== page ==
In reality is is not higher, but several TIMES higher.

    Even if just 8.1% are “unemployed”, 50% (take or put a point) are classified as “en economía informal”. That economía informal is not the same as black economy in Europe, which is usually what some people do behind the counter – more in Greece, less in Germany-. Puesto informal in Venezuela is just an unemployed person who has to come around selling Chinese panties or Peruvian toilet paper, empanadas or the like without security, without insurance, without holidays, without pension. It is actually much worse than unemployment in Europe.
    So unemployment in Venezuela goes for well over 50% of the population, with just a few who are “informal” but earning enough for a pension without paying taxes (people usually like cocaine dealers)

  3. An Interested Observer Says:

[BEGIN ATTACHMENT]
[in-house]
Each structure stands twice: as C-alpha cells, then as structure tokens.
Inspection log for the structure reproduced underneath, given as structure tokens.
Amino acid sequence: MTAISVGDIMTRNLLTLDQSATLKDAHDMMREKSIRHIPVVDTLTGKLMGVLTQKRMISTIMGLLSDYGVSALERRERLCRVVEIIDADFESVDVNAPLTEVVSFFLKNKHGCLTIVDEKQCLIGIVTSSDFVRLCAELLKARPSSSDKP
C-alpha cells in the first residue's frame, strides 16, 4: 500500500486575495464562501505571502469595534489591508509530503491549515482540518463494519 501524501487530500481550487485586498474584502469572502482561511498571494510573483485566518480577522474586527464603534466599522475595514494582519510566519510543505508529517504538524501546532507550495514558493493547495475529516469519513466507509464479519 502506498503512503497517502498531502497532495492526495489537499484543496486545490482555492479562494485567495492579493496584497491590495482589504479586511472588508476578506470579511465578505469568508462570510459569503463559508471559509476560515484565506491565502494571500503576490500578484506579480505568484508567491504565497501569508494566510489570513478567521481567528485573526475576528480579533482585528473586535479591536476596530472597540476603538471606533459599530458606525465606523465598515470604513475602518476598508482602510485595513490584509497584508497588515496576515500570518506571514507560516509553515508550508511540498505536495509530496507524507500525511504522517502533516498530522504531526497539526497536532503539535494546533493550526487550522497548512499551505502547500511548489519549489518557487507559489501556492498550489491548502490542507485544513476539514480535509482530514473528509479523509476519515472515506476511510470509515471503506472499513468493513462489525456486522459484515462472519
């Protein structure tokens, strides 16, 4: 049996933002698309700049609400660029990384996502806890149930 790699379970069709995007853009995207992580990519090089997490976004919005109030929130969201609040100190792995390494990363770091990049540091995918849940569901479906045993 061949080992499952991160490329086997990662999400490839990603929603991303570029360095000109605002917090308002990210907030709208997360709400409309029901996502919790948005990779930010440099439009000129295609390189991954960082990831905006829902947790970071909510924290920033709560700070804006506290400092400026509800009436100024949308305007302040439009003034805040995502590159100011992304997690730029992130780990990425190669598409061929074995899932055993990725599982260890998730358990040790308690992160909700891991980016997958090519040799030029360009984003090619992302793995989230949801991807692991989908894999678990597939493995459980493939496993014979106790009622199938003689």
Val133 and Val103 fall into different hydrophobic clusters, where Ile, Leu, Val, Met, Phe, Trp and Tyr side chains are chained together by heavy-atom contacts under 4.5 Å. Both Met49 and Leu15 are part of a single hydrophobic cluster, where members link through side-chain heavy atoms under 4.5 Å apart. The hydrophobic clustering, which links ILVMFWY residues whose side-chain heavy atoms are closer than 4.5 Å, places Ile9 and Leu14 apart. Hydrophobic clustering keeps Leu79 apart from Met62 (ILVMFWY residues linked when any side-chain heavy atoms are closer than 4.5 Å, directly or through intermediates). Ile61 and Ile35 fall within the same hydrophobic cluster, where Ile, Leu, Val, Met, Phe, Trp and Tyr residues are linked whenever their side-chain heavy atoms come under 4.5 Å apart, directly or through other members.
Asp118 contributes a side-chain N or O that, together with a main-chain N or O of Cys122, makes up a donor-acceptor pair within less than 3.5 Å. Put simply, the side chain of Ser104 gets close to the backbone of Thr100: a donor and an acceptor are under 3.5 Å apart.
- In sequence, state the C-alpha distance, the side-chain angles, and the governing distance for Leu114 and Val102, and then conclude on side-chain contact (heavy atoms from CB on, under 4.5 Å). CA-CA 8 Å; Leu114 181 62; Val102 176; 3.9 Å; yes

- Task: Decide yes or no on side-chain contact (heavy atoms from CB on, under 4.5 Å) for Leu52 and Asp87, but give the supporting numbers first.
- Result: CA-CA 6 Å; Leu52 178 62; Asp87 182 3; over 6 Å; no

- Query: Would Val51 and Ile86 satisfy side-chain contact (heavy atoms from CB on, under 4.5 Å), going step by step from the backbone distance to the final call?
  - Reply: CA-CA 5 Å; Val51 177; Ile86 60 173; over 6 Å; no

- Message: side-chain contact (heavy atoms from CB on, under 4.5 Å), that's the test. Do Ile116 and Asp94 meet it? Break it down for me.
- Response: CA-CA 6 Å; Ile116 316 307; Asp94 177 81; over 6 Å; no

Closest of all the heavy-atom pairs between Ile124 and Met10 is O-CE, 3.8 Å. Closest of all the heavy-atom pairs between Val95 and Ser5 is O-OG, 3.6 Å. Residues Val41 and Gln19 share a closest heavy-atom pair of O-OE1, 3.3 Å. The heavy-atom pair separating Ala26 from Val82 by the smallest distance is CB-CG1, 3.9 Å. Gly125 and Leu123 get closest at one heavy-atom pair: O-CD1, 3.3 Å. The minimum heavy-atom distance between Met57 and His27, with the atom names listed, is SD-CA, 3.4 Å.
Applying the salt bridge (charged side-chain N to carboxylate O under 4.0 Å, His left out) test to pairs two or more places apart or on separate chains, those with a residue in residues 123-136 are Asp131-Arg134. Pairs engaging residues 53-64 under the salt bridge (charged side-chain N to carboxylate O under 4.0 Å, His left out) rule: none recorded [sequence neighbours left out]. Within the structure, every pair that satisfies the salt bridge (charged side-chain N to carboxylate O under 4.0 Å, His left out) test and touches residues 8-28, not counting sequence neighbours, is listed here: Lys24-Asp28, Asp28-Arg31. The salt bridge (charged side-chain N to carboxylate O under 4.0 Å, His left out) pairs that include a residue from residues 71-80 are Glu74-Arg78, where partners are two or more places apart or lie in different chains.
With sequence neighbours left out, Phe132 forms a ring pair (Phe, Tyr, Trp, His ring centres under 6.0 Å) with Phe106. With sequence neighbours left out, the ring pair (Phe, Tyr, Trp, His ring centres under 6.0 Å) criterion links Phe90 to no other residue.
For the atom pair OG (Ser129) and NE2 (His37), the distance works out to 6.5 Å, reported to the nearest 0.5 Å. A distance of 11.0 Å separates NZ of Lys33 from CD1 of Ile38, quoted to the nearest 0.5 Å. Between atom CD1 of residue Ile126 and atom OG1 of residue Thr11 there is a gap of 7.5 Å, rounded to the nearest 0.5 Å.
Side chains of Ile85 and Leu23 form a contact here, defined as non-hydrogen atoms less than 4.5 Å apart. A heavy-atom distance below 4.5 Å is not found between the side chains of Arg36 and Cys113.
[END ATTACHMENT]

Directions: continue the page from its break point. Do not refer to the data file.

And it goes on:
RF, the manipulation of numbers is old news – very old, in fact. I can’t remember the last time I posted something online about how bogus the un/employment numbers were, but it’s been a pretty long while (probably 2007 at the very latest). And it had been going on for years even then. I don’t have numbers in front of me at the moment, but most of what I figured out came from just analyzing the details in the official numbers you can find at ine.gob.ve. For example, while the “tasa de actividad” (those either working or seeking work) would surpass 70% on occasion, it hasn’t passed 67.1% since 2004. If you artificially take 3-5% of the workforce out of the equation, it does wonders for the unemployment rate.